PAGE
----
PBK often runs first time buyer discounts...might want to google PBK coupon codes.
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    I'd say buy it. I'm usually of the build it camp but I would take a turn key bike and go out riding instead of spending that time building up the bike.

  20. #20
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    Building is nice because you can skimp on things you don't care about, and splurge on the stuff you do. eBay is the greatest! But then again, I use a lot of cheap components.

  21. #21
    Senior Member snow_echo_NY's Avatar
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    i also vote buy.

    agree with you about drop bars.

    good luck!

  22. #22
    Team Water Andy_K's Avatar
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    Quote Originally Posted by spare_wheel View Post
    I disagree that a new bike is always cheaper.

    Cost of parts for a re-build I did a few years ago (bike was a 105 triple, 9 speed, non-disc)...
    Total cost of build: ~$1500 for a 19 lb carbon flat bar bike with front disc brakes.
    I agree with this and am going to use it as an excuse to spam a picture of my "newest" bike.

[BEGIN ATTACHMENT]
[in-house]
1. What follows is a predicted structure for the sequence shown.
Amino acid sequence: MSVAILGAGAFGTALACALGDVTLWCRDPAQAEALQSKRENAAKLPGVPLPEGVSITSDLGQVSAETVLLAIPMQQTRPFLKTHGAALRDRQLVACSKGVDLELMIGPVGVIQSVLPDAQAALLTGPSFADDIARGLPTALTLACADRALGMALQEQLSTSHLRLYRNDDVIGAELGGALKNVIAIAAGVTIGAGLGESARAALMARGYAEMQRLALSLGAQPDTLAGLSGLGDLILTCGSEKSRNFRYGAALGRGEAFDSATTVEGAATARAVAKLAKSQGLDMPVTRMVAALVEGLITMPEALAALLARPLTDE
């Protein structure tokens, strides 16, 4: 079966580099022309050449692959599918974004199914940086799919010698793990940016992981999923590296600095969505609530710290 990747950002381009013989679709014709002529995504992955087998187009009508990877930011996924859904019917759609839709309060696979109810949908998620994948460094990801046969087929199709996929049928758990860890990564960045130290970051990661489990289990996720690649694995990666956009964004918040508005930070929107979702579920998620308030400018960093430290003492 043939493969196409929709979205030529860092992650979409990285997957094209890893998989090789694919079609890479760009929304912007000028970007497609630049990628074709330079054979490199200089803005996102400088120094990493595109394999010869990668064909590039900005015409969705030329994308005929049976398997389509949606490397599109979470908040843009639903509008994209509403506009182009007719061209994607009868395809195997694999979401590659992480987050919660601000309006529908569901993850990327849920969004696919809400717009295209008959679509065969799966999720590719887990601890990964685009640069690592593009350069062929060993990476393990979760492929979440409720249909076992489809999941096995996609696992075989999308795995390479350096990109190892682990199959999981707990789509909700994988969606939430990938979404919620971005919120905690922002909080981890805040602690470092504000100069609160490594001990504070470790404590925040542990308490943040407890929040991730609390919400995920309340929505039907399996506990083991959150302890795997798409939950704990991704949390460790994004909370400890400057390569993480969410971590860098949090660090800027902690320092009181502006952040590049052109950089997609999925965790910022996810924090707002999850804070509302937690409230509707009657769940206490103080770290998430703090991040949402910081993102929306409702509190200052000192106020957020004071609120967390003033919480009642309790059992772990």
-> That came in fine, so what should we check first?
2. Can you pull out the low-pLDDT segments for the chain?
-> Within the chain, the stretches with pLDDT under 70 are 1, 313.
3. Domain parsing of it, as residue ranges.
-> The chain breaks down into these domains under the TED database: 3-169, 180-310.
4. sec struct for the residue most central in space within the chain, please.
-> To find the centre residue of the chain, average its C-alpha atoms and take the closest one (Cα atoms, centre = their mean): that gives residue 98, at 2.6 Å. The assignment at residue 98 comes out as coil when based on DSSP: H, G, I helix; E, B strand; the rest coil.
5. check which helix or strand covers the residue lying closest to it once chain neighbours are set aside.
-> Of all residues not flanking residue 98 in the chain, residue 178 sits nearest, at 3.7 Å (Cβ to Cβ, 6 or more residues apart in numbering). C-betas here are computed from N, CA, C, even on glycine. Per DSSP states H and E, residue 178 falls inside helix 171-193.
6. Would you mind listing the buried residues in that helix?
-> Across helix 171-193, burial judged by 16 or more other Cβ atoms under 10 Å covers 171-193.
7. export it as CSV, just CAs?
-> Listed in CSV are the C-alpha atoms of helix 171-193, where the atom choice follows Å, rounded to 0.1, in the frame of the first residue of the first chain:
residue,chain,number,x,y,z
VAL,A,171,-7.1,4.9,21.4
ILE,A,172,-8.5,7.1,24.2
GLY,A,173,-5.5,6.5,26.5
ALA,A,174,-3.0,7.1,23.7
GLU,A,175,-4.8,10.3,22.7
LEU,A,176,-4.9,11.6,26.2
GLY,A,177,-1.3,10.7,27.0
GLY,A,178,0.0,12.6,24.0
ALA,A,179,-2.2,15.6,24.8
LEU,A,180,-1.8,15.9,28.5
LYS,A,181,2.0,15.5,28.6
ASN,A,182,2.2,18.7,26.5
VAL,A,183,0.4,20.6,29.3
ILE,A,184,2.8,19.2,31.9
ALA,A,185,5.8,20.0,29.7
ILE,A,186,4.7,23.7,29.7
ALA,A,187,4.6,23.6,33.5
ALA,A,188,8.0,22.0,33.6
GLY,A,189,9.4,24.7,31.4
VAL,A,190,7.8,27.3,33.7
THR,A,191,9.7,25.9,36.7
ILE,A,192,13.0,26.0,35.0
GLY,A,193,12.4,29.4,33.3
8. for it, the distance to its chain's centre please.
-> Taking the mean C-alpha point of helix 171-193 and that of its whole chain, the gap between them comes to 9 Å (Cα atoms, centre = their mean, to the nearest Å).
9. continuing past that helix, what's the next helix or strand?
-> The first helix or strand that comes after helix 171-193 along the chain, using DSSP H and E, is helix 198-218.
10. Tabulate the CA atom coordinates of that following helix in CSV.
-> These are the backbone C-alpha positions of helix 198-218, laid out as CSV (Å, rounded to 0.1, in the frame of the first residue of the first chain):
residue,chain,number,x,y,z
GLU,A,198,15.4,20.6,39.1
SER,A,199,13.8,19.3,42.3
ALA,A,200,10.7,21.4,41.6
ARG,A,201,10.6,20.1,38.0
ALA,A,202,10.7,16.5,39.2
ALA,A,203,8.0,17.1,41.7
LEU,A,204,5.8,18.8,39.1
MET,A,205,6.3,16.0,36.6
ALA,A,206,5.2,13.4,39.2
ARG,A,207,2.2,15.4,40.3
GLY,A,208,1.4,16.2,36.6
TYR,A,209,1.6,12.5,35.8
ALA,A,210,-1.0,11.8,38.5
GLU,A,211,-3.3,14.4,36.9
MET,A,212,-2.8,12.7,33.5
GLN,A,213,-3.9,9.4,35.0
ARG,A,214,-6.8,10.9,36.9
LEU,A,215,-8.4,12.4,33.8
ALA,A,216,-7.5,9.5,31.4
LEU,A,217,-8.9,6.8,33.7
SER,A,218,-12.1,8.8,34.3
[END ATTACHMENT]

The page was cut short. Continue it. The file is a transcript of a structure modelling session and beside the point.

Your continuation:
I had the wheelset, tires, crank (minus a chainring), chain, handlebars and pedals already. Everything else cost me $769.

    Reynolds 853 steel frame
    Carbon fork
    105 (5700 series) shifters and derailleurs
    105 (5800 series) brakes
    Thomson Elite seatpost
    Nitto Tecnomic stem
    Specialized Phenom saddle

    Not bad for under $800. I bought the frame and fork on craigslist with a few other parts included that I'll probably resell. I got the saddle used on CL. Everything else (except the part

    Bikes Direct has a kind of comparable bike for $799 (Save Up To 60% Off Pro Level Steel Road Bikes | Commuting | Commuter Bikes | Motobecane Gran Premio PRO) but they cut corners where I indulged (520 steel; Tektro brakes; generic stem, saddle and seatpost; Claris hubs; entry-level FSA square taper crankset).

    Even if I include the price I originally paid for the pieces I already had my build comes in at under $1250. I know that's a decent chunk of change for a bike, but for a bike of this quality I think it's a bargain.